Pediatric Hepatitis B Clinical Presentation

Updated: May 14, 2021
  • Author: Nicholas John Bennett, MBBCh, PhD, FAAP, MA(Cantab); Chief Editor: Russell W Steele, MD  more...
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A thorough history should be taken. Special emphasis is placed on risk factors for coinfection, alcohol use, and family history of hepatitis B virus (HBV) infection and liver cancer.

The incubation period for HBV infection ranges from 6 weeks to 6 months. The clinical manifestations depend on the age at infection, the level of HBV replication, and the host's immune status. Perinatally infected infants generally have no clinical signs or symptoms, and infection produces typical illness in only 5-15% of children aged 1-5 years. Older children and adults are symptomatic in 33-50% of infections.

Clinicopathologic syndromes include the following:

  • Acute asymptomatic infection with recovery: Serologic evidence only

  • Acute hepatitis with resolution: Anicteric or icteric

  • Chronic hepatitis, with or without progression to cirrhosis

  • Fulminant hepatitis with massive liver necrosis

  • Coinfection with hepatitis D virus (hepatitis delta virus)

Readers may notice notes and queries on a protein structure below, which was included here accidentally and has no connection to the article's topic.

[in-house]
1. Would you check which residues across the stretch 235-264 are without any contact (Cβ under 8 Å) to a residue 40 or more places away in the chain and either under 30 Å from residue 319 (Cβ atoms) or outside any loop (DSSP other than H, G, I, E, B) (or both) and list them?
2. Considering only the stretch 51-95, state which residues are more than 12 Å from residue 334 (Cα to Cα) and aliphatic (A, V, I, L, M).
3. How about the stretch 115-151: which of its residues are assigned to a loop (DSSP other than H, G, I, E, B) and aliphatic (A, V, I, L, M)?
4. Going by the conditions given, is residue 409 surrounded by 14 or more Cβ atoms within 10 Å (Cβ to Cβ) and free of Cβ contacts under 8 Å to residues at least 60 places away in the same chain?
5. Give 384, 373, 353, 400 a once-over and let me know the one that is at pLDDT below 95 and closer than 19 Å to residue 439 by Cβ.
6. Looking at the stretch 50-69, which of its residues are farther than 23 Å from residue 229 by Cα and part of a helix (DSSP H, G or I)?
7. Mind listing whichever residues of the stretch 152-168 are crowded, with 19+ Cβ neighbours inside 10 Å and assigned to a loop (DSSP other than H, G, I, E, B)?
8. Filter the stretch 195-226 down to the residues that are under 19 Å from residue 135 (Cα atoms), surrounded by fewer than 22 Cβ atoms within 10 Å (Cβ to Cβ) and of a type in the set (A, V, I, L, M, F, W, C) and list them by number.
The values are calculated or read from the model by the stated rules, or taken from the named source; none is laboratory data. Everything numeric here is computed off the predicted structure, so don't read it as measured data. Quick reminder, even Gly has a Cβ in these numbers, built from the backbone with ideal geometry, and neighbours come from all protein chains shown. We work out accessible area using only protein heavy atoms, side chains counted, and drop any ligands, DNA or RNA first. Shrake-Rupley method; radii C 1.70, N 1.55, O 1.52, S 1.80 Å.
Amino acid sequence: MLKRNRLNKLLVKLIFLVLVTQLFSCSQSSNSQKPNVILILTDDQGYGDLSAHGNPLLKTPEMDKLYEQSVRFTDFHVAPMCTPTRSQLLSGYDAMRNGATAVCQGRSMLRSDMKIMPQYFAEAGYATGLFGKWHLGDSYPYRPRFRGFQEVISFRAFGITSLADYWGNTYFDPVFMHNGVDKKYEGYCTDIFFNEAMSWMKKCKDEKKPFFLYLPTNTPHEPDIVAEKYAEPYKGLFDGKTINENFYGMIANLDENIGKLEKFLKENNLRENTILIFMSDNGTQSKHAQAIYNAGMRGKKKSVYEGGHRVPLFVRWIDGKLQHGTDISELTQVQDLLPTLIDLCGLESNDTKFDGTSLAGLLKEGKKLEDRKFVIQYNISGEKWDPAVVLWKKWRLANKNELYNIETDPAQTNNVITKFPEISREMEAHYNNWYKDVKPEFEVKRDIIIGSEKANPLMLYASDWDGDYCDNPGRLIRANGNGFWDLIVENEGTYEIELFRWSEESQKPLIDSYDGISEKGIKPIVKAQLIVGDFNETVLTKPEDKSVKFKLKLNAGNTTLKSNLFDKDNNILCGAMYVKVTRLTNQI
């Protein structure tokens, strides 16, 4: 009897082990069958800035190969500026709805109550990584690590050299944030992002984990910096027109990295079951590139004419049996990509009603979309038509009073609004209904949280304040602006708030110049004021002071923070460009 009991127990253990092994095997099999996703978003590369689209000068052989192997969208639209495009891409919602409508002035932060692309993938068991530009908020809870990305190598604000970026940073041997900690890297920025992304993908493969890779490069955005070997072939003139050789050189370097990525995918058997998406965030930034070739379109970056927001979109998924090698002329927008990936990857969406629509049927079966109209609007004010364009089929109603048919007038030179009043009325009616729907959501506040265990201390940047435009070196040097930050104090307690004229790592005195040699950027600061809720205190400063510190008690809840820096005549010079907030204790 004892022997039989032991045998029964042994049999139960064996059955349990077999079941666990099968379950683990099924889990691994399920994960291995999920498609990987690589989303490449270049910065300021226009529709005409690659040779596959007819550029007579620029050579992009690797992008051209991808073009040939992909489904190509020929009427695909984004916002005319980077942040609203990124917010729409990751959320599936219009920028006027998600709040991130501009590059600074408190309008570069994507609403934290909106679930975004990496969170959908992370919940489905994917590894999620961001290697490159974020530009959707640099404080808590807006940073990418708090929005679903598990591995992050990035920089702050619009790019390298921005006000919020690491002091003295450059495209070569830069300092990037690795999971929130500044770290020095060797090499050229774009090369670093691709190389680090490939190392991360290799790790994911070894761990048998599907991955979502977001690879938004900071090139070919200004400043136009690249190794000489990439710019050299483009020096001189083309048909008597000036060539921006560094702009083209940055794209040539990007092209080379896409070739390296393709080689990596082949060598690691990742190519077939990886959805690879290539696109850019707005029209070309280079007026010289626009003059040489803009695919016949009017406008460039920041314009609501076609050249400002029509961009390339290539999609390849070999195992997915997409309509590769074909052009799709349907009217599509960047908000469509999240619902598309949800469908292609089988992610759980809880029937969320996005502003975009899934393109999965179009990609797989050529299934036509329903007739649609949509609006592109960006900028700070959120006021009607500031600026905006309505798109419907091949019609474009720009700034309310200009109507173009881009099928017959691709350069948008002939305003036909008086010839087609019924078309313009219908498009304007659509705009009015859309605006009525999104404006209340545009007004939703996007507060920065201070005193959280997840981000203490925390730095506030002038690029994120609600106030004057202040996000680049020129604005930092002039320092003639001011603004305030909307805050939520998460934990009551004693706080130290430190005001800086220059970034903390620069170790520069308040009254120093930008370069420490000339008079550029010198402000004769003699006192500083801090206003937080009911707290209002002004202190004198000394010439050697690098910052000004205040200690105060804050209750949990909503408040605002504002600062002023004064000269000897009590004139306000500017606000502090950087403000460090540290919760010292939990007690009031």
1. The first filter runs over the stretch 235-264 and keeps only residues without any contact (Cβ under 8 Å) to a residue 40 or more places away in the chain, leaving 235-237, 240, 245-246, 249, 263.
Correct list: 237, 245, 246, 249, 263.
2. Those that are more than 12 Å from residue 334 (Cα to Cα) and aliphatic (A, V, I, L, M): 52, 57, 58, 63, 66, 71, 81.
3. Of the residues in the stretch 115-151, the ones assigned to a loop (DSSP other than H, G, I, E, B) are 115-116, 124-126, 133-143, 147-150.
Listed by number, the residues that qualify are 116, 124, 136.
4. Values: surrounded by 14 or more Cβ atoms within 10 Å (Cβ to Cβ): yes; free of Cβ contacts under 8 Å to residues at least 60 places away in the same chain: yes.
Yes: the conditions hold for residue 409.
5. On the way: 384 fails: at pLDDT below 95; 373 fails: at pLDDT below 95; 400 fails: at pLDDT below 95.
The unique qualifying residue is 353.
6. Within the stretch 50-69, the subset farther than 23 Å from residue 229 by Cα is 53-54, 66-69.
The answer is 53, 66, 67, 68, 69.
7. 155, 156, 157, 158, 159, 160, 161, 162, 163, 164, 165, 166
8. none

Following acute infection, the disease remains subclinical in 60-65% of patients; 20-25% develop acute hepatitis, 5-10% become carriers, and 4% develop chronic hepatitis.


Physical Examination

Acute hepatitis

Clinical signs and symptoms of acute HBV infection include anorexia, nausea, malaise, vomiting, arthralgias, myalgias, headache, photophobia, pharyngitis, cough, coryza, jaundice, dark urine, clay-colored or light stools, and abdominal pain.

Upon physical examination, with the onset of clinical jaundice, the liver becomes enlarged and tender, and the patient may have right upper quadrant pain and discomfort. Splenomegaly and cervical adenopathy are present in 10-20% of patients with acute hepatitis. A few spider angiomas may appear during the icteric phase and disappear during convalescence, although angiomas are rare.

Chronic hepatitis

Chronic hepatitis is symptomatic, and affected individuals have biochemical or serologic evidence of continuing or relapsing hepatic disease for longer than 6 months, with histologically documented liver inflammation. The clinical features vary. The common symptoms include fatigue, loss of appetite, and occasional bouts of mild jaundice.

Fulminant hepatitis occurs in 1-2% of persons with acute disease and has a case-fatality ratio of 63-93%. It may present as jaundice, encephalopathy, and fetor hepaticus. Life-threatening extrahepatic complications include coagulopathy, renal failure, adult respiratory distress syndrome, electrolyte and acid-base disturbances, and sepsis. Without liver transplantation, the overall mortality ranges from 25-90%.

Consider hepatitis D virus infection if a patient who is a carrier of chronic hepatitis B presents with recurrent acute hepatitis or sudden fulminant hepatitis.